I've already mentioned my addiction to Double Dragon Green Tea from Holland & Barrett, but how about cold drinks and, crucially, what to drink down the pub? Well, I was at an advantage in some respects, because I'm largely tee-total. Most of the time I drink water, and perhaps on special occasions I have sparkling mineral water with ice and a slice ;) Yep, it's pretty boring, but at least you keep a clear head. One of the advantages of being completely sober is that you can embarrass your mates with their drunken exploits the next day.

Now I'm maintaining, I am allowed some fruit juices, providing they're diluted (half water, half juice). Fresh cloudy apple juice is nice (my preference - being a Suffolk girl - is for 'Copella'*: their Apple and Blackcurrant juice is fantastic), and I've also tried 'Pomegreat'#: pomegranate juice with raspberry. Orange juice is definitely out and it's important to check that the juice hasn't been sweetened.

As regards hot drinks, obviously 'normal' tea, coffee and hot chocolate are out of question. I've often seen reference to things like 'Barleycup' in anti-Candida diet books. The thought of that turns my stomach! Some people can tolerate Rooibusch (personally I think it looks and tastes like compost). Most fruit teas are good - but make sure they don't contact citric acid or have been sweetened. Most Twinings fruit teas are fine. I regularly drink their Cranberry, Raspberry and Elderflower and Peppermint teas. It's a great shame that my absolute favourite, Ginger and Lemon, contains citric acid, but if you're partial, it's easy to make it at home:

Ginger and Lemon Tea

You'll need:

1 lemon
piece of ginger
tea pot
tea strainer
copious amounts of boiling water

Take a knob of ginger, peel and grate it and put in a tea pot. Pour on boiling water and allow to steep for a few mins (depending on the desired strength). Before pouring (use a tea strainer), squeeze a good glug of fresh lemon juice in the mug. You can keep topping up the pot until you've had enough. Fantastic as a winter warmer, or if you have a sore throat. In theory you should be able to make peppermint tea in the same way. I've recently just taken possession of a mint plant, so might give it a go later.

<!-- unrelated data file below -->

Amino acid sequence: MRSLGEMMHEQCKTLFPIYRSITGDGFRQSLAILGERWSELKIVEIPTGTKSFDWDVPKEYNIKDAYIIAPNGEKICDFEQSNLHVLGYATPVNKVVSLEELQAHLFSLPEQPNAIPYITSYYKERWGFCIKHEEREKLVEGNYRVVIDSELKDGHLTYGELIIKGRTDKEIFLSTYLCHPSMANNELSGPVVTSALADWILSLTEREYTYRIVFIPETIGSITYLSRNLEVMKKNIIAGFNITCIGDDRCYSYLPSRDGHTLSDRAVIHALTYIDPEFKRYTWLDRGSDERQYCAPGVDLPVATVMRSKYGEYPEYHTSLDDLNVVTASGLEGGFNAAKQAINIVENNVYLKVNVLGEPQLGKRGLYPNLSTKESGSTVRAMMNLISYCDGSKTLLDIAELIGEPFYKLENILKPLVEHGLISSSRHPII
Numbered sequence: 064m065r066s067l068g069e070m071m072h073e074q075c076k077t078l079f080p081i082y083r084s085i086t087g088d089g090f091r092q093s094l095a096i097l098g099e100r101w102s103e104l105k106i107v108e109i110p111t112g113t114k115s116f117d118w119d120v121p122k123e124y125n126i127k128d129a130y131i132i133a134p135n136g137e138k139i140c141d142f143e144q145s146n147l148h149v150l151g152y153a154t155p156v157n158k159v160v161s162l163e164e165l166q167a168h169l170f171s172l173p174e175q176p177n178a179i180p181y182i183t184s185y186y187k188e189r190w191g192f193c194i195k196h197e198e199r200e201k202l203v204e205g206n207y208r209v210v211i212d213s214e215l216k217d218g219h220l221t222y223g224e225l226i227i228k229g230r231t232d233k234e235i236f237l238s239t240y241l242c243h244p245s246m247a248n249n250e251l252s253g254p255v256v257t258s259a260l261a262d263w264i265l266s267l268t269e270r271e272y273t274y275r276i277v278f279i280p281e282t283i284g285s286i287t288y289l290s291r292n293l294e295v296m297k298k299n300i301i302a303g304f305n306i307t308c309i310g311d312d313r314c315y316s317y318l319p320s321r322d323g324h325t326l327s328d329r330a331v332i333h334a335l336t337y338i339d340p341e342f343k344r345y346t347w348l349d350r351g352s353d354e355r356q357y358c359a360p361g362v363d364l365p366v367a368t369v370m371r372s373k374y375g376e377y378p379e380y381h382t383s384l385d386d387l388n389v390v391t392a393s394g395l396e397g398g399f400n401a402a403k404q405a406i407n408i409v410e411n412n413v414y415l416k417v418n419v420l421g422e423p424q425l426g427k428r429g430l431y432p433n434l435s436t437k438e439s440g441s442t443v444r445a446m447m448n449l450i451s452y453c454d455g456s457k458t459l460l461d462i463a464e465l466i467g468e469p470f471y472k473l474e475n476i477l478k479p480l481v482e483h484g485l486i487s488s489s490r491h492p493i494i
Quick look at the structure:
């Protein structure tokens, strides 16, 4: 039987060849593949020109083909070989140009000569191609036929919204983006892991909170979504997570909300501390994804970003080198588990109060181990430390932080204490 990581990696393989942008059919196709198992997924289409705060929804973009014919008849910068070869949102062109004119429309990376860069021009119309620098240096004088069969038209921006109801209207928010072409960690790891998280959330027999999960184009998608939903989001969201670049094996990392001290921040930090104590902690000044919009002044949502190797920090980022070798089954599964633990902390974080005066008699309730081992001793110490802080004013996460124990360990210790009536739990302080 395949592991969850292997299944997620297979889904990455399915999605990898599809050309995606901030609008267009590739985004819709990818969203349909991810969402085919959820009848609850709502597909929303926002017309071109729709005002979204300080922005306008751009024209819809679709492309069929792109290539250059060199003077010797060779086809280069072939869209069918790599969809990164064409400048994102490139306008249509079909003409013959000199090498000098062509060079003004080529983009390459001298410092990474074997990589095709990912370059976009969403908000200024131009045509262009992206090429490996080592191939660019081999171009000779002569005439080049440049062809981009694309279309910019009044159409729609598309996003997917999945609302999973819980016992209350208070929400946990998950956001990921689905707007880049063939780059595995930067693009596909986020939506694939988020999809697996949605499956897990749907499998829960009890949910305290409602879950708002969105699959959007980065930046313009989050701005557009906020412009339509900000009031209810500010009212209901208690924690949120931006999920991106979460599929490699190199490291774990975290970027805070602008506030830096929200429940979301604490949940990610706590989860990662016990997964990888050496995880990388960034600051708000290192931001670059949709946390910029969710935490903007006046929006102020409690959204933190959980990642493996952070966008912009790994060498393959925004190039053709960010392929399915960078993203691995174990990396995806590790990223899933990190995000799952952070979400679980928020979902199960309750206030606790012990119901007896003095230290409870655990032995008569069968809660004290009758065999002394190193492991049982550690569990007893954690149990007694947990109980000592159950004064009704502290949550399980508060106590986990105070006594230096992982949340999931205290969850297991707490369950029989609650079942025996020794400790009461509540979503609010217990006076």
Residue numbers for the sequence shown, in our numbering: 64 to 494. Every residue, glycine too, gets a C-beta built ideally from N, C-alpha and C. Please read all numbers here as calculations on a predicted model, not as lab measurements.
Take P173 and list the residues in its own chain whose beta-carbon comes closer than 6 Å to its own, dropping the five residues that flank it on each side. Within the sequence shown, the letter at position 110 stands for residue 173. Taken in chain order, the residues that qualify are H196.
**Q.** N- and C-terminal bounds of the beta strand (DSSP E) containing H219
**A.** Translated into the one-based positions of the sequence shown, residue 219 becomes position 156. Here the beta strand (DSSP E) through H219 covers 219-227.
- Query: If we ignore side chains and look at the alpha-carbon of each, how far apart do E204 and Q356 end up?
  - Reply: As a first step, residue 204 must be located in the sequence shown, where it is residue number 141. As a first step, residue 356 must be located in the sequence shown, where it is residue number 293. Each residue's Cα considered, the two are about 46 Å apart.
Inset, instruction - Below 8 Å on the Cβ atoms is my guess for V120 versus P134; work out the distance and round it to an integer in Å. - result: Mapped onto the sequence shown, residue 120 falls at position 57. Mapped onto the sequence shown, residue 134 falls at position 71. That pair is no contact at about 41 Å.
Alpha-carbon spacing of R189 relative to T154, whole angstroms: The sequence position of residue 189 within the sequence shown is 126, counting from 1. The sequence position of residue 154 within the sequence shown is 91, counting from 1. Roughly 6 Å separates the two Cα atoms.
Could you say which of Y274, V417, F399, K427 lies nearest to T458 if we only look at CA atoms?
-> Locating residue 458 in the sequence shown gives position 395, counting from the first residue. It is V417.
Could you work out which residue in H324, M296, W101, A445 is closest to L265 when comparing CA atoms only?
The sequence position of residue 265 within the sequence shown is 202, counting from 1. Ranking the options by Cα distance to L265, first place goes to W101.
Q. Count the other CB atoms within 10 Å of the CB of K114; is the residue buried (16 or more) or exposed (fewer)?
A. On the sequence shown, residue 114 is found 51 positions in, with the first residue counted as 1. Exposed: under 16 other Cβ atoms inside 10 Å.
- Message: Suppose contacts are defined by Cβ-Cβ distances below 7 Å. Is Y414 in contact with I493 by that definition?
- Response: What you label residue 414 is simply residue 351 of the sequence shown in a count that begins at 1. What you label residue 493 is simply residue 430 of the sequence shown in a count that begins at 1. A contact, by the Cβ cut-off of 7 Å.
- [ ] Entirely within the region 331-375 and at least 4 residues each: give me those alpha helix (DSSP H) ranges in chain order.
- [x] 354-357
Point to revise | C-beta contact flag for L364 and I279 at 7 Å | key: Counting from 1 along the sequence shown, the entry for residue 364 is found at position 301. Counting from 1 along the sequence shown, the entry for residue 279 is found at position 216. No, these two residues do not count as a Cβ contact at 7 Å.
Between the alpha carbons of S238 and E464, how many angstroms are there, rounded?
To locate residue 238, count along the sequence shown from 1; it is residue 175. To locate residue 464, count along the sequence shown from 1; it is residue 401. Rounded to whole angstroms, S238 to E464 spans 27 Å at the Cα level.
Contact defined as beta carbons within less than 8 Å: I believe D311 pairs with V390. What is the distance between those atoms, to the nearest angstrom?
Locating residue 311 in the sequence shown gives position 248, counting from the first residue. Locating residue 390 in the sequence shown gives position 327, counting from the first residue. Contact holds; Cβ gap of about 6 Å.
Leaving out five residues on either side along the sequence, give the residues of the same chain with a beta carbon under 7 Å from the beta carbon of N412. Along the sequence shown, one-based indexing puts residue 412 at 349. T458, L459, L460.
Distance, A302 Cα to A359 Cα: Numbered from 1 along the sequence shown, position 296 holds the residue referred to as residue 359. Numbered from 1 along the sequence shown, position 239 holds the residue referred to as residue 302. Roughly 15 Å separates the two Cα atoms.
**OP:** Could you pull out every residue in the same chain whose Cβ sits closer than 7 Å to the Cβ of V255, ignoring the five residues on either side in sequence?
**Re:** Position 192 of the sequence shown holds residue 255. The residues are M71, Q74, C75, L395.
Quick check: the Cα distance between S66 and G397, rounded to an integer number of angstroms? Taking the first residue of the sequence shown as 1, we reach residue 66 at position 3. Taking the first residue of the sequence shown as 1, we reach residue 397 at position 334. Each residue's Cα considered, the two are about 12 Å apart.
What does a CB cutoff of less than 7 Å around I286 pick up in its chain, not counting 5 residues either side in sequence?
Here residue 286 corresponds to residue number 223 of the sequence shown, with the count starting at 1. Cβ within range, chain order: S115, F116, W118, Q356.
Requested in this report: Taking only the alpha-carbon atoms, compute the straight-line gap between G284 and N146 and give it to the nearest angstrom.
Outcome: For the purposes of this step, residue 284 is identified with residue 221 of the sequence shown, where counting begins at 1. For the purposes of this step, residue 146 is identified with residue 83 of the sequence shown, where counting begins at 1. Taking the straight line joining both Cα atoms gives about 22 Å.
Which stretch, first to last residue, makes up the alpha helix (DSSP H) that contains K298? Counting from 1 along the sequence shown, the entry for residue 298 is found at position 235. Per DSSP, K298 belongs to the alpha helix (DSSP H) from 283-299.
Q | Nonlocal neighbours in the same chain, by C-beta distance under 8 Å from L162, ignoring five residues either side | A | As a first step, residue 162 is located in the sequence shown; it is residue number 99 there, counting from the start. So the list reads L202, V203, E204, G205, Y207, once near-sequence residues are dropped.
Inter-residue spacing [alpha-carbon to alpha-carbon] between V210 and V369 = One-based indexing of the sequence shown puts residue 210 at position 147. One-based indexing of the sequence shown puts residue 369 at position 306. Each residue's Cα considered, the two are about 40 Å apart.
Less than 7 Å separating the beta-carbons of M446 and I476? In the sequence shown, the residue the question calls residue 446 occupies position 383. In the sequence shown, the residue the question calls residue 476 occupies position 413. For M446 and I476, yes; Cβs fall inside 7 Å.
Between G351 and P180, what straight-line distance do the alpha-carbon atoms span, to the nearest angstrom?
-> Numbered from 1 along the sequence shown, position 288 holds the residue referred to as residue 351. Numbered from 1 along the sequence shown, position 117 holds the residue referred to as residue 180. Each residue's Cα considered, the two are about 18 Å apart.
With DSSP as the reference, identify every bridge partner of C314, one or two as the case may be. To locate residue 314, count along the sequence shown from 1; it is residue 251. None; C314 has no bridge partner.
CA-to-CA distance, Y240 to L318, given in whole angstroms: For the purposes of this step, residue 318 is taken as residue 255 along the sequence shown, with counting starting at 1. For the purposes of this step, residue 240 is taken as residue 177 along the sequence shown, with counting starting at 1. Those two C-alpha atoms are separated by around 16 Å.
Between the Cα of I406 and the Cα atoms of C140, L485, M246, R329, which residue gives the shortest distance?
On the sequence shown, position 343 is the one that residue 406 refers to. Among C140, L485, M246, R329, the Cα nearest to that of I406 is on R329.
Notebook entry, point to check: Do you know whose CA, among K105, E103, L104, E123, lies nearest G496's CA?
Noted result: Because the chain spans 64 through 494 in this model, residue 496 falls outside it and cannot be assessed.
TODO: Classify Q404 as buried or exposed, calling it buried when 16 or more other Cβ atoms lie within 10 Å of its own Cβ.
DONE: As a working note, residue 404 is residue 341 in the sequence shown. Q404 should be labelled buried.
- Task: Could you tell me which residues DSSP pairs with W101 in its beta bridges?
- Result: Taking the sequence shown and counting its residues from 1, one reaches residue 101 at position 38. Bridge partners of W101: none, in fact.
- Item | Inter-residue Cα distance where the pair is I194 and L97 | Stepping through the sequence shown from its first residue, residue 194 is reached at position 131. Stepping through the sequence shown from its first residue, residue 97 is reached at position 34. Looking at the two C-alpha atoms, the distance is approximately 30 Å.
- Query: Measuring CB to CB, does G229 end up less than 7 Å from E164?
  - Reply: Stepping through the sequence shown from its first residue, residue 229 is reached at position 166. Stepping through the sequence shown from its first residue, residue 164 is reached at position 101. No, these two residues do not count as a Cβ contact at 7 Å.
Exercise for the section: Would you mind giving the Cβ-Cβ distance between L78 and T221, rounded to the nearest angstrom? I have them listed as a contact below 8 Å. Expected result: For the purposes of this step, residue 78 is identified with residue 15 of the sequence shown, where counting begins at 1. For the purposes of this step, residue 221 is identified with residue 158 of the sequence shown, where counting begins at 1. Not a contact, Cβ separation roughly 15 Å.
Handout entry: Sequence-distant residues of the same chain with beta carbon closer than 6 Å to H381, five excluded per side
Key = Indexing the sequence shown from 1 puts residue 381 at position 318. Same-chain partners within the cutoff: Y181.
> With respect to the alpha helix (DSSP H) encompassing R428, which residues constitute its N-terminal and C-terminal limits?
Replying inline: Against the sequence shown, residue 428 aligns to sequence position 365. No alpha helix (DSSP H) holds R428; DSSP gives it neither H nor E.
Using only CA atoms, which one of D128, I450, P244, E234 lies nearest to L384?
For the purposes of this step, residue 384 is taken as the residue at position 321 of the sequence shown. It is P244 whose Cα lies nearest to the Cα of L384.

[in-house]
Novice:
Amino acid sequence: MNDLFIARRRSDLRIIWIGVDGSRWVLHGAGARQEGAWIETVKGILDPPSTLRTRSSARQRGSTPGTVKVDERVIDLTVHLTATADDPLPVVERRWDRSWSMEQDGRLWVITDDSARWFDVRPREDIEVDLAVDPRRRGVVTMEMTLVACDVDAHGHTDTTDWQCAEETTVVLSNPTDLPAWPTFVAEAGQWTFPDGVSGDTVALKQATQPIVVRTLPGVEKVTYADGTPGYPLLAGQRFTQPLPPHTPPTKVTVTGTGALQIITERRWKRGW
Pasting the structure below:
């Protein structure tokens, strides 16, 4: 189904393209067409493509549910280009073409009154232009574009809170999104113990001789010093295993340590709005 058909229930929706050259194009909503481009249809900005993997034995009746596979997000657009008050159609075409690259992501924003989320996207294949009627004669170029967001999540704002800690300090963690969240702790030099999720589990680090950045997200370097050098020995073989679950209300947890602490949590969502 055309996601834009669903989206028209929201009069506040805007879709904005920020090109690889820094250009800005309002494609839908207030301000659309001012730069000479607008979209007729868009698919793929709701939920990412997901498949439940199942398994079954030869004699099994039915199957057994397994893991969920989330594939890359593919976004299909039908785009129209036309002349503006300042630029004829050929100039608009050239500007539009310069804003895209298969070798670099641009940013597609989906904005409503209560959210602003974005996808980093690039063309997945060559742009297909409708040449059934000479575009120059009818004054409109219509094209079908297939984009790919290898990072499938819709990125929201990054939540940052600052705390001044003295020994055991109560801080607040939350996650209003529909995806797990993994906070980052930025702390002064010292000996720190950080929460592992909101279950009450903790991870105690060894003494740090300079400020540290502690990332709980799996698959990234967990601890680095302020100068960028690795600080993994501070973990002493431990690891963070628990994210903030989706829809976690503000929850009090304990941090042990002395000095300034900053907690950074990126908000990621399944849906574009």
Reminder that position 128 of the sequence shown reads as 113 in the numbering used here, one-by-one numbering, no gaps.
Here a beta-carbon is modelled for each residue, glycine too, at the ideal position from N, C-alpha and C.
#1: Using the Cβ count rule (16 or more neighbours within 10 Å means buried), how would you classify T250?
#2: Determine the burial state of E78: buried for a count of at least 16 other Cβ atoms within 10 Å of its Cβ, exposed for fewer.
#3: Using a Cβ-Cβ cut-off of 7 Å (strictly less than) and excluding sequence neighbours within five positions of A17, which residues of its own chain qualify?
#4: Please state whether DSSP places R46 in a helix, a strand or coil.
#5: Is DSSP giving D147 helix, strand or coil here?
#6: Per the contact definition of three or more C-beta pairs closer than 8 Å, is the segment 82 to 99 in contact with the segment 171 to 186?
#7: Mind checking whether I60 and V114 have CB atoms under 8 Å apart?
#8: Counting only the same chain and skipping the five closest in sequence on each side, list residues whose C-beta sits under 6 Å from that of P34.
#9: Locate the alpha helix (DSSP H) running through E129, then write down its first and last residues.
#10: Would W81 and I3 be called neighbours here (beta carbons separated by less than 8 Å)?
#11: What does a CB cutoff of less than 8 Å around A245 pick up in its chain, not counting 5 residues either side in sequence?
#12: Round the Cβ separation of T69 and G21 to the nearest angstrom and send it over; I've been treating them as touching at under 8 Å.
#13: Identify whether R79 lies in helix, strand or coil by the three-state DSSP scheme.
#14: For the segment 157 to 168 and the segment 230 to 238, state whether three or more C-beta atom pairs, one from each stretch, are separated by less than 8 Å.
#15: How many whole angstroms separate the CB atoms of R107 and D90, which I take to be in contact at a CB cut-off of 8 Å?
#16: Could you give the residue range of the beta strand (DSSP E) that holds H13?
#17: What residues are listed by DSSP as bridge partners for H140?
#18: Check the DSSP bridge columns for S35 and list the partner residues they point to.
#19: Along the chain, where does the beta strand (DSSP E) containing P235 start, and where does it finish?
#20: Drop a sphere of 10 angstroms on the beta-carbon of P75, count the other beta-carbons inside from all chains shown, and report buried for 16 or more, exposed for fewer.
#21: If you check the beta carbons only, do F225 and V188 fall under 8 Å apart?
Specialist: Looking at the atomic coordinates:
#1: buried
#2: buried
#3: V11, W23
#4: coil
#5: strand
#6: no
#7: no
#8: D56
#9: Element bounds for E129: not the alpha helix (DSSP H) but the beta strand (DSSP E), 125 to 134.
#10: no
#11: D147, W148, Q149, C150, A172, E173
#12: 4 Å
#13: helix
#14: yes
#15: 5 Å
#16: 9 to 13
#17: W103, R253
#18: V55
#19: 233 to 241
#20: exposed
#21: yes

In fact I did try it. Not bad - steeped a few leaves in hot water for about ten minutes. Pleasantly minty, but not as good as you get in restaurants. Perhaps I'm not using the right sort of mint? Or, should I bruise the leaves a bit first? Might take a bit of experimentation to get it right.

* available from Sainsburys and Tescos
# available from Tescos and Holland & Barrett

Wednesday, August 30, 2006

The Wheat & Dairy Free Supermarket

Well, look what I've just found. A UK-based company that sell yeast-free products (including bread mixes - hmmmm, sugar beet fibre? Is that okay?) mail-order! You can even search within each section for 'yeast-free', or 'no added sugar' products. I know absolutely nothing about them, but once I've been paid, I might give 'em a whorl.

Soya: pros and cons

Following on from my earlier post - ostensibly about breakfasts, but also about how I've recently gone off soya milk for a number of ethical and health reasons - there's been some really illuminating posts about the pros and cons of soya products on the Fanatic Cook blog recently. To summarise (and I know this is simplifying the debate somewhat) fermented soya products (e.g. tofu, soy sauce and miso) are good, while unfermented soya products (like soya milk) are potentially harmful, if consumed in large quantities. I, for one, have decided to give up soya milk in preference for UHT goats milk (which doesn't cause me any problems).

Why does life have to be so complicated?!

Iron absorbtion and making the most of the nutrients in your diet

Here's an interesting little article. Obviously, orange juice is off-limits for the anti-Candida diet, but - as I need all the iron I can get - I've taken on board the advice about avoiding tea at meal times. Trying to have a mug of fruit or nettle tea instead.

Monday, August 28, 2006


I've had a pizza relapse (and mushrooms, cheese, chorizo sausage, paella and creamy garlic sauce) today. Pizza al funghi for lunch, followed by tapas for dinner. Oh well, guess I'll have to get back on the straight and narrow tomorrow. ;)

Friday, August 25, 2006

Cranberries - lovely cranberries!

I was delighted to find dried cranberries sweetened with apple juice concentrate - instead of sucrose - in my local health food shop the other day. They're still very tart, but great on muesli. I'm thinking about making up my own dried fruit/nut mix as a snack for when I'm on the move, comprised of the aforementioned cranberries, shredded coconut, chopped dried apricots and brazil nut pieces. Yum!